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They reminded me of the pocket gophers we had seen in Texas but these were prairie dogs. It was comical to watch them pop up and scurry around, only to disappear into another burrow. We watched for a bit then resumed our drive. All the sudden, without a word, Steve banged a u-turn. Huh? What had he seen that I missed? He pulled over again and pointed to one of the prairie dog holes and said “Isn’t that an owl?” We got out the binoculars and sure enough, it was a burrowing owl. The problem was, it wasn’t feeling like being social. Every time we tried to get a picture it either dropped back down into the hole or it would fly off to a fence post just out of camera range. With a little patience we were finally able to  get a few shots…

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Leaving the owls to their activities, we drove on. I was thinking “Wow, Hon, get catch with the owls!” when a pheasant flew into the road. Naturally, it didn’t stay long enough for either of us to get a shot. Now it was my turn…”Pull over!” I wasn’t sure what I had seen, but I wanted a closer look. When I walked over to the fence line, this is what I had seen…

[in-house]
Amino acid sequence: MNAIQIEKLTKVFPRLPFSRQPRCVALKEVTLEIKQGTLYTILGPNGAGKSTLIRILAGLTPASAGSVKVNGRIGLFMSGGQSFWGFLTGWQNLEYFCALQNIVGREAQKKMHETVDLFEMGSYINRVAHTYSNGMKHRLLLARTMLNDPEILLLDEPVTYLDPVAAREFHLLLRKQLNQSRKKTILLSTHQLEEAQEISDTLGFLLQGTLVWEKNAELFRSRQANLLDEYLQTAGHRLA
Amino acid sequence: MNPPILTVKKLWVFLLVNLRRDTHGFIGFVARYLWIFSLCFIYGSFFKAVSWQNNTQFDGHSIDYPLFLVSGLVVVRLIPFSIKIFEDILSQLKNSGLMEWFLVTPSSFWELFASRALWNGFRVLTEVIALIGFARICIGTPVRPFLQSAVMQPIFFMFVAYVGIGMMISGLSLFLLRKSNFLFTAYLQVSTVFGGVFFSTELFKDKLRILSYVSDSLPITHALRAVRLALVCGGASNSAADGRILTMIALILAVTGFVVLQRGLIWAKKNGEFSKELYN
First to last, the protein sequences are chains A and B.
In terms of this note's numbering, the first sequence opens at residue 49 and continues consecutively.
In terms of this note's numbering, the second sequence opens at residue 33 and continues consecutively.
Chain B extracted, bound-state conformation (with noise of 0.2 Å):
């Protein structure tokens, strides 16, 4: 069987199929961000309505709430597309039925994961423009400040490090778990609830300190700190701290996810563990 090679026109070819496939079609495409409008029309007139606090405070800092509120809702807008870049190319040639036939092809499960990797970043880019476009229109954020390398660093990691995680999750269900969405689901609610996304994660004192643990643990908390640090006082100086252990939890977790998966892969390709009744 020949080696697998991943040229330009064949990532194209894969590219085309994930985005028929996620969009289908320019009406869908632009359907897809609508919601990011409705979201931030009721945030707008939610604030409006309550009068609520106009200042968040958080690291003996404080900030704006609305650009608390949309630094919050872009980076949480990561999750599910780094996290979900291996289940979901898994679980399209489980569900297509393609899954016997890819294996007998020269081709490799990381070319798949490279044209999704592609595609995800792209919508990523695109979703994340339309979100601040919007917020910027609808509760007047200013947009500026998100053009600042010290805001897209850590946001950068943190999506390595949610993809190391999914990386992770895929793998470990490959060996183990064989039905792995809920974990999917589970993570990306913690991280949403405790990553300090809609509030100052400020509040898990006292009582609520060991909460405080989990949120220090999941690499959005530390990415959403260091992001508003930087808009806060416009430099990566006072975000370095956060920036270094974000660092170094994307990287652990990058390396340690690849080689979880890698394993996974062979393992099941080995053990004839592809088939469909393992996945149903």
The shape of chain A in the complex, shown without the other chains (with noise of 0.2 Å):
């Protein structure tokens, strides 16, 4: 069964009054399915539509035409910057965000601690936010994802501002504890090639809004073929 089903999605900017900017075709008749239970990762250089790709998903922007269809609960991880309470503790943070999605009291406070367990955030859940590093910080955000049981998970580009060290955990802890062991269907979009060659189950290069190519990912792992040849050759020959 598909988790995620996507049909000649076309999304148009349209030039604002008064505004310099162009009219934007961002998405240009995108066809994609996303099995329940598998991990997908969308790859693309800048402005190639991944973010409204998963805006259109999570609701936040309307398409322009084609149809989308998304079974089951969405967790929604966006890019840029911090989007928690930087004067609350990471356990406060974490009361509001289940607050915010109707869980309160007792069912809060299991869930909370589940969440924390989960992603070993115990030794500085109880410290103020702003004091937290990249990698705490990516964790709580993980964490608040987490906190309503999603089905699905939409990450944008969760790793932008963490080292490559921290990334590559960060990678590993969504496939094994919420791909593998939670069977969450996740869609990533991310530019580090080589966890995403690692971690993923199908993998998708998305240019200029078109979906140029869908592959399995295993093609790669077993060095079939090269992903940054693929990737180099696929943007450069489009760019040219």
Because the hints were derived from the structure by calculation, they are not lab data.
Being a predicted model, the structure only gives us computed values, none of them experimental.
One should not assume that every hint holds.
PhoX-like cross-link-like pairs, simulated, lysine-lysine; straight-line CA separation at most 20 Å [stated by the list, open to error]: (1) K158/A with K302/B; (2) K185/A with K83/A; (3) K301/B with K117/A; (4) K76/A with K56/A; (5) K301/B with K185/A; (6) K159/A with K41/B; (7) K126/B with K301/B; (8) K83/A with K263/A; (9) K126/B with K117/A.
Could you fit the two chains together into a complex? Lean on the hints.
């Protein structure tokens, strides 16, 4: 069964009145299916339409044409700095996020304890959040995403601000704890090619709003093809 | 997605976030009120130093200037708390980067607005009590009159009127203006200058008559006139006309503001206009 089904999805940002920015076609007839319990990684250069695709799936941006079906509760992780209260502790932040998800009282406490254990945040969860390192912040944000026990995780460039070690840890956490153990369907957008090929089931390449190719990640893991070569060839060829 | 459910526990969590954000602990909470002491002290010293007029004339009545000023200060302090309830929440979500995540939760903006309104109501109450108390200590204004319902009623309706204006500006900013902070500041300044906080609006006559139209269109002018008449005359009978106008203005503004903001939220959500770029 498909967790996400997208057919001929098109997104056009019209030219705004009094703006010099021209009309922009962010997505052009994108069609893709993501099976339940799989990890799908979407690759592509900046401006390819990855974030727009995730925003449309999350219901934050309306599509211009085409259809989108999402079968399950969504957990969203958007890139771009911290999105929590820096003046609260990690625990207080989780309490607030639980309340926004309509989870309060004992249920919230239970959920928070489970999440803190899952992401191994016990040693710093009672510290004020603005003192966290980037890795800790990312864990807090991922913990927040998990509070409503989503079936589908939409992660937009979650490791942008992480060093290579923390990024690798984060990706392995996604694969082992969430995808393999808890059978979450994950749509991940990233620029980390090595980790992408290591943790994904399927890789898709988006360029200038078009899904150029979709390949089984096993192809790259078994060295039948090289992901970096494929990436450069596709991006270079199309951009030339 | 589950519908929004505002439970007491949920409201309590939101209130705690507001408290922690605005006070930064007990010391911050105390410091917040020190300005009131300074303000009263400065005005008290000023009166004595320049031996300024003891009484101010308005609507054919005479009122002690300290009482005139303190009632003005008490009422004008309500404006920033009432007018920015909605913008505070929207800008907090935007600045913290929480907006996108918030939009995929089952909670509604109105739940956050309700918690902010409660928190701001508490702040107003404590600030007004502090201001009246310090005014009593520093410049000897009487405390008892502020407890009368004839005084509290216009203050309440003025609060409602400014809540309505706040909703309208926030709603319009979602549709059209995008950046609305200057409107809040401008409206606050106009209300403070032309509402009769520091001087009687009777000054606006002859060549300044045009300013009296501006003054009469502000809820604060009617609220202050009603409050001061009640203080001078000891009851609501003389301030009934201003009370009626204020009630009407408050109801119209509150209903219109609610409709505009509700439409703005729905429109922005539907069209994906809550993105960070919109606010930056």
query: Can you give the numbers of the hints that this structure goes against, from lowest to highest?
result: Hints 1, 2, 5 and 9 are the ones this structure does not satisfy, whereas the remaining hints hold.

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Hey, it’s still wildlife, it’s just long dead wildlife. As I was getting ready to get back into the Jeep, I looked down the fence line and saw something a little more photogenic…

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Wow, I was loving all this wildlife! Once again, we started back towards Paradise Valley. Finally, we made it and had to get a few pics while we were there. It is another ‘has been’ town with more abandon houses/businesses then occupied, but it has a saloon too…